Paintings on Rolls – by Eva Storevik Tveit
The Conservation Project “Paintings on Rolls” started in March 2006 at the Munch Museum. The project encompassed 31 sketches that Munch painted in connection with the decorations for the University Aula in Oslo, during the period 1909–1916. In addition, the project included 15 other drafts from the period 1909-1930 stored on rolls – including eight of which were painted for the first submitted proposal for the Aula decorations in 1910, The Human Mountain. However, this work was rejected by the jury (Pettersen 2008: 846). Among the other seven sketches, there were three that Munch worked on as a proposal for the decoration of the Town Hall in Oslo, which he never completed, while the last four drafts have other motifs. The drafts measure from 142 cm X 130 cm to 450 cm X 1140 cm.
The sketches are working drafts and were probably never intended to be mounted on stretchers. Many of the them were stored on rolls during Munch’s own lifetime, and were kept like this after his death as well. As many as six canvases were stacked on the same roll with the paint layers facing inward. The diameters of the rolls measured from 6 cm to 30 cm. With a few exceptions the rolls were placed directly on shelves in the Munch Museum’s storage rooms. The aim of the present conservation project has first and foremost been to improve the storage conditions.
Unlike the smaller sketches that could be stored flat in boxes, the largest canvases still had to be stored on rolls. However, the new rolls have larger diameters. In addition, we have used proper packing material, and the rolling method has been improved: the sketches have been rolled with the paint layers facing outward, we have used one roll for each single draft, and a hanging system has been constructed which allows the rolls to be suspended on poles.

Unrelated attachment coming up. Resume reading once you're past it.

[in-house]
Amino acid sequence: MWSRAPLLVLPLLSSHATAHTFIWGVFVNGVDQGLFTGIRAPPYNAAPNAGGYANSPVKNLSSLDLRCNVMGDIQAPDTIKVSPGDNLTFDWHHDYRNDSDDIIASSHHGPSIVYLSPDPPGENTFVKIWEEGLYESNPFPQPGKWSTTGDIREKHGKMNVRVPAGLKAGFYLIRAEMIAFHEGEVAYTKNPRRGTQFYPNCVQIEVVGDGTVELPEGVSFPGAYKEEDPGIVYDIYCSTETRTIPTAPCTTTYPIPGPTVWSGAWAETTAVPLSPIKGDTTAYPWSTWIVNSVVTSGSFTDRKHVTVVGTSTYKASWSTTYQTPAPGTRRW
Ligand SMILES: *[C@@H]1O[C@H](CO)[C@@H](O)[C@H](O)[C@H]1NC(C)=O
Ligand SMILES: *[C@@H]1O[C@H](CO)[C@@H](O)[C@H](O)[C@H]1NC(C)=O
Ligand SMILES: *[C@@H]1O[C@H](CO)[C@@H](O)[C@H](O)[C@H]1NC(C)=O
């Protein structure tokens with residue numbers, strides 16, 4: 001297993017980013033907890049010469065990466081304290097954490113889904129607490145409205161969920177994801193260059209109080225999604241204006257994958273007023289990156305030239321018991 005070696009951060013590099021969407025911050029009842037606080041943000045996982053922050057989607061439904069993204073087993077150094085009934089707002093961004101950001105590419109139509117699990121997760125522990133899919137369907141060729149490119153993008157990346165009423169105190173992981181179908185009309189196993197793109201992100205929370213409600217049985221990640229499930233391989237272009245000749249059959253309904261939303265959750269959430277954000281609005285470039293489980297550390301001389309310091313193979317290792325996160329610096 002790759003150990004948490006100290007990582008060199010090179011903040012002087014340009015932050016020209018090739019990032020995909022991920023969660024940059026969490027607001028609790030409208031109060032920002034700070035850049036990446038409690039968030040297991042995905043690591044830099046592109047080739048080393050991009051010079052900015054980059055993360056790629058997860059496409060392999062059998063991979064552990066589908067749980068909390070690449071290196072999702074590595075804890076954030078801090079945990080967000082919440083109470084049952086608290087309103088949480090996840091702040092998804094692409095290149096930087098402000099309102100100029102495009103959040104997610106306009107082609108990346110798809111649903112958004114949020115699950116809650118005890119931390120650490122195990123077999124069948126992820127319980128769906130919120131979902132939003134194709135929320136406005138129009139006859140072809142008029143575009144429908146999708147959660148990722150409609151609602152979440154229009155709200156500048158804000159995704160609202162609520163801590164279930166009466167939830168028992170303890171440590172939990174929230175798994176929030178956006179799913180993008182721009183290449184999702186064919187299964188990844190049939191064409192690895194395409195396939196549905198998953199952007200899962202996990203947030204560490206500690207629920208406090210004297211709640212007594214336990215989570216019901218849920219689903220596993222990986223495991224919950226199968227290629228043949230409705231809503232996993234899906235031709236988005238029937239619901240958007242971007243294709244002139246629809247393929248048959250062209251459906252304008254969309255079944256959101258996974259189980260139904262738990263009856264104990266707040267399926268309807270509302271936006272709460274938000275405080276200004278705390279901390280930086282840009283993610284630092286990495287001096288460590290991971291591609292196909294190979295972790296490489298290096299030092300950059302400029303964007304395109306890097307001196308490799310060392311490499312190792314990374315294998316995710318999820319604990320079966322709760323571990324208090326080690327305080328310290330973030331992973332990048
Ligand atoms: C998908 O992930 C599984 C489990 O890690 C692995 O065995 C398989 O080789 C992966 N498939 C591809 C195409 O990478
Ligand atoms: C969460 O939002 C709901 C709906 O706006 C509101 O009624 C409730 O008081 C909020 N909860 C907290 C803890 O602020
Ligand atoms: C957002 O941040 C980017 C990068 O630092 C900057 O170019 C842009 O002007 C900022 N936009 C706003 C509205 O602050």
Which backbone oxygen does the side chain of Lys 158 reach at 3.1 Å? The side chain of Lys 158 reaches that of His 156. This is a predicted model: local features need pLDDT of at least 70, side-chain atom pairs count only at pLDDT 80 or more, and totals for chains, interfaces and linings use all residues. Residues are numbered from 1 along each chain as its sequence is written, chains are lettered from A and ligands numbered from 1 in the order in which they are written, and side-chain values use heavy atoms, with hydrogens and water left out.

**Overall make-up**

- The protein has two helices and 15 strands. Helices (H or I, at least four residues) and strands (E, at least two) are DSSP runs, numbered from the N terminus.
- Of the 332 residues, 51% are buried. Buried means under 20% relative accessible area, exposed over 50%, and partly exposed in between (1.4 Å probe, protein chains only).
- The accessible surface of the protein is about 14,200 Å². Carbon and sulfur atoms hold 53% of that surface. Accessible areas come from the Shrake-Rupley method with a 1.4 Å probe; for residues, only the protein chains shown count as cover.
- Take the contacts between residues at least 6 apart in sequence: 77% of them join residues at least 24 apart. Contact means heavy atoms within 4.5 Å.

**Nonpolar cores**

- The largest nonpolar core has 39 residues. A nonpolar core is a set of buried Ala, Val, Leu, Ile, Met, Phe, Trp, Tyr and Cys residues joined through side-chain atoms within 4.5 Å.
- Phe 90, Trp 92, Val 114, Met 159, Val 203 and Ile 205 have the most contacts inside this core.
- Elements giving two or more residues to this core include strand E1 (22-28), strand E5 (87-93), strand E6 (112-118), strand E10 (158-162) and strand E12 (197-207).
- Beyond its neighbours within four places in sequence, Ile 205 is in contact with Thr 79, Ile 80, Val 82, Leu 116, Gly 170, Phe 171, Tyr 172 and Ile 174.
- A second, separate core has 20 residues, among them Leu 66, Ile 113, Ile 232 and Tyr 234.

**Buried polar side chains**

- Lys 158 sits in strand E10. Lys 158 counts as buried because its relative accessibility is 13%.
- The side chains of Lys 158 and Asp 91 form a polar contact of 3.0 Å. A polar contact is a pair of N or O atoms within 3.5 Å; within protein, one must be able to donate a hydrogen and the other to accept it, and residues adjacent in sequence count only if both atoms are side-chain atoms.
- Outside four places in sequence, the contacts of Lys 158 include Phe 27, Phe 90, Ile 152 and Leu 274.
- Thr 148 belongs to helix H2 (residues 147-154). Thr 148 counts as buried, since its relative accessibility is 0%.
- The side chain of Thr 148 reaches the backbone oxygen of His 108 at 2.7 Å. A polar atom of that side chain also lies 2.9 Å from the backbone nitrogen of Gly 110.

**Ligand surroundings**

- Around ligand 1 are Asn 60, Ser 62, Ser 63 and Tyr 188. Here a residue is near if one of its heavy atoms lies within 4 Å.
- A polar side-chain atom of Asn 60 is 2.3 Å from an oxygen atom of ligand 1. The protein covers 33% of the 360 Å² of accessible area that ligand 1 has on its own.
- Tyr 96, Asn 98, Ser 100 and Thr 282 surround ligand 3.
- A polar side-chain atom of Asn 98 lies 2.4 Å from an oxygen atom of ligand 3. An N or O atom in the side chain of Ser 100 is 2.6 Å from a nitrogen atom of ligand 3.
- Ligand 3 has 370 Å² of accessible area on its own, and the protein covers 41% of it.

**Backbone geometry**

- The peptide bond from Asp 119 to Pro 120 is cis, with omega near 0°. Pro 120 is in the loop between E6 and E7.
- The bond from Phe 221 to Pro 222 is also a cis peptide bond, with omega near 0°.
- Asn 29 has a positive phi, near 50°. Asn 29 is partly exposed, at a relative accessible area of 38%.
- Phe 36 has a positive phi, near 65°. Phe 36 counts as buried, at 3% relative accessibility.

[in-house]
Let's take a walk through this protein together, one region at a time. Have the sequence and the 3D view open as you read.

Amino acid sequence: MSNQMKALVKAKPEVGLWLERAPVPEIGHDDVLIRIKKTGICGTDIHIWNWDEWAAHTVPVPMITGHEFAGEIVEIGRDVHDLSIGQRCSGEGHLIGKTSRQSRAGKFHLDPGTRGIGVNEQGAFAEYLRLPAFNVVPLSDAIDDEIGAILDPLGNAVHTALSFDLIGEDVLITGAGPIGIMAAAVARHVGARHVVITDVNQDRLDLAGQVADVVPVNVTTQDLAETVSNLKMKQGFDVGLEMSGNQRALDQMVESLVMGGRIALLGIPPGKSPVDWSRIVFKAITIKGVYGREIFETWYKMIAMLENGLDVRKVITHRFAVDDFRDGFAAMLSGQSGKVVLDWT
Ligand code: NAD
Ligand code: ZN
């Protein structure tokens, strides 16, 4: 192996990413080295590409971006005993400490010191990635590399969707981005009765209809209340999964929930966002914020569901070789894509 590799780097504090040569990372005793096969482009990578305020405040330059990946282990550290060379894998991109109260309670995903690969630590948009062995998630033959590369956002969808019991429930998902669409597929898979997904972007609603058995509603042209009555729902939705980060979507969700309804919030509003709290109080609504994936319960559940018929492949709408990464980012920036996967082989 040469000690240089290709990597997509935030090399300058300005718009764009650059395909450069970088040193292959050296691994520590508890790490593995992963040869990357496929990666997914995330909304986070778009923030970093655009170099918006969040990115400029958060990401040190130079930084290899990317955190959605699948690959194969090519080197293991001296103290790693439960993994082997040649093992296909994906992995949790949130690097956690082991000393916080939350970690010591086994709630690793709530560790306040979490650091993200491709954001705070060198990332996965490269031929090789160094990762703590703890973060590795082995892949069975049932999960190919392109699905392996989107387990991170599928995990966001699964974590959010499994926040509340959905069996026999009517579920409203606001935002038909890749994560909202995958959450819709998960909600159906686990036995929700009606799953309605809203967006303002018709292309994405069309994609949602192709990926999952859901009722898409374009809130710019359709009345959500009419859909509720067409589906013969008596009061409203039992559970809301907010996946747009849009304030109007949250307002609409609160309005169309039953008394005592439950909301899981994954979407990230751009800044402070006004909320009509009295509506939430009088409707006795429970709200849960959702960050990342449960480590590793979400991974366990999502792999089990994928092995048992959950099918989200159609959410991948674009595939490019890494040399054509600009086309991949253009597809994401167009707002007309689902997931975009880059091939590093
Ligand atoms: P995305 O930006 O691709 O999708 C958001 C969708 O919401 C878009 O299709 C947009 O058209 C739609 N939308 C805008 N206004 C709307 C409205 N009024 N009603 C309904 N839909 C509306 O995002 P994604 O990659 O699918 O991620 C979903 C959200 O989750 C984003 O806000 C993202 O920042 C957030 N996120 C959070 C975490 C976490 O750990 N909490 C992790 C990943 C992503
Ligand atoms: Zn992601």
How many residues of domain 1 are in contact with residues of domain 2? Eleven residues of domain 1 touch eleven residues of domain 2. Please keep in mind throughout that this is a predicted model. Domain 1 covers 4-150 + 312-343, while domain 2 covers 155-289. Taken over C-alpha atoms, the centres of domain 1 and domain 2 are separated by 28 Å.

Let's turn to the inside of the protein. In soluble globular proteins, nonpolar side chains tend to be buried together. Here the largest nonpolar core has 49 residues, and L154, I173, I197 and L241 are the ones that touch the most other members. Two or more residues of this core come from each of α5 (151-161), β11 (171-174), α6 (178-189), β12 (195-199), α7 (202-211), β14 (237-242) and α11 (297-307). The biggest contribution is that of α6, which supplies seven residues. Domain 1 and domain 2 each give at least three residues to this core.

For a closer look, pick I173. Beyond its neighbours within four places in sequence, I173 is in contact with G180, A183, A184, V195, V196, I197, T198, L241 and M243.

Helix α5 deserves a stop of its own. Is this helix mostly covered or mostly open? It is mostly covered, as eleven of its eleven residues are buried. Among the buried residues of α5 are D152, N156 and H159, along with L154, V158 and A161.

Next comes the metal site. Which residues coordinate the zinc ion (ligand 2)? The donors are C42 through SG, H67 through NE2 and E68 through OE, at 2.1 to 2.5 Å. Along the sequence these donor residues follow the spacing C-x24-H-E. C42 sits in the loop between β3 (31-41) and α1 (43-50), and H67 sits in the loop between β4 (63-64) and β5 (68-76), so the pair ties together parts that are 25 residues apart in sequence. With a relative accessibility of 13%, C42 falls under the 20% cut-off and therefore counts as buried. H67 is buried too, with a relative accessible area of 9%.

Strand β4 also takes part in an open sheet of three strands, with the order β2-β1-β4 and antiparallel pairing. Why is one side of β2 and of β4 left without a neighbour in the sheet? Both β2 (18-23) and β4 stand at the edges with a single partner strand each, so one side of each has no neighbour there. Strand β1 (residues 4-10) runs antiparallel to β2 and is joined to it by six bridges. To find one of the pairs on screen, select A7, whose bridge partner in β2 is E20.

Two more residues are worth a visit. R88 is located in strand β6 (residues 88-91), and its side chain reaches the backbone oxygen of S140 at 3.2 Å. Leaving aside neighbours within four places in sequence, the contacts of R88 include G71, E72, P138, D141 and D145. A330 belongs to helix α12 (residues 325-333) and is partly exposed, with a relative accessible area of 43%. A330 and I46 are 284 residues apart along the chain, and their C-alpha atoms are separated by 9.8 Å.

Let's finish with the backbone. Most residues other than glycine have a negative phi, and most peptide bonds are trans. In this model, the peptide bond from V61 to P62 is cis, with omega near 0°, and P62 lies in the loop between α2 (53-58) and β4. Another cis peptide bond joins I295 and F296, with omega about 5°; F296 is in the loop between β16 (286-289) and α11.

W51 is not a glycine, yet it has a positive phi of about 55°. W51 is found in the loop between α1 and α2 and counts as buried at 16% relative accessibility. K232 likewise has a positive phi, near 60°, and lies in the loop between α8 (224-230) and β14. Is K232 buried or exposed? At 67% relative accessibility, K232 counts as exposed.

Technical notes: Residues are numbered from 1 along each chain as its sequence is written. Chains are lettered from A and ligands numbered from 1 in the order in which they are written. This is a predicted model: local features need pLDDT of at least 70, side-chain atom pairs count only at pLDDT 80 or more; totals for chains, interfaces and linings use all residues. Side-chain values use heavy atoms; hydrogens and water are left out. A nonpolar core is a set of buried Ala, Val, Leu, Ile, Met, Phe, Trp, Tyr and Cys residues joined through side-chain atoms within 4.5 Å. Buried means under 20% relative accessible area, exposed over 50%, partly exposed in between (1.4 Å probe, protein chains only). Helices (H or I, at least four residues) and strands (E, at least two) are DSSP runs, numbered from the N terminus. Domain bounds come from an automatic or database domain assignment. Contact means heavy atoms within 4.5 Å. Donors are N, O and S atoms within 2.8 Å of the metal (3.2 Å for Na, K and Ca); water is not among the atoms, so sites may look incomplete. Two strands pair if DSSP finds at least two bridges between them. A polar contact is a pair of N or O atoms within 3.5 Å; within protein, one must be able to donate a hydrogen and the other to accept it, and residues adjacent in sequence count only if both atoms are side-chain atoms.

With the exception of five sketches, the works had not previously been examined. The existing information proved to be very limited, so documentation regarding the materials and the condition of the sketches was therefore an important aspect. During the course of the project we have discovered new phenomena of Munch’s art and gained new knowledge about his painting technique, materials and methods.
The Munch Museum has now completed the documentation and treatment of 46 drafts, approximately 400 m2 of painted surfaces. More than 18 conservators have been involved in the project which has been an extraordinary one and has offered several unusual challenges that have required a major collaboration between technicians and conservators. The enormous unstretched formats, for instance, had to be treated while lying horizontally. For this, various bridging systems were constructed in order for the conservators to treat the mid sections of the sketches. Owing to Munch’s choice of materials and to the fact that he both painted and kept many of this drafts out of doors, their condition is extremely frail. Given these special circumstances, it was not practical to employ traditional methods of conservation treatment. In addition, the aim to use a minimum of invasive methods was a challenging and instructive one.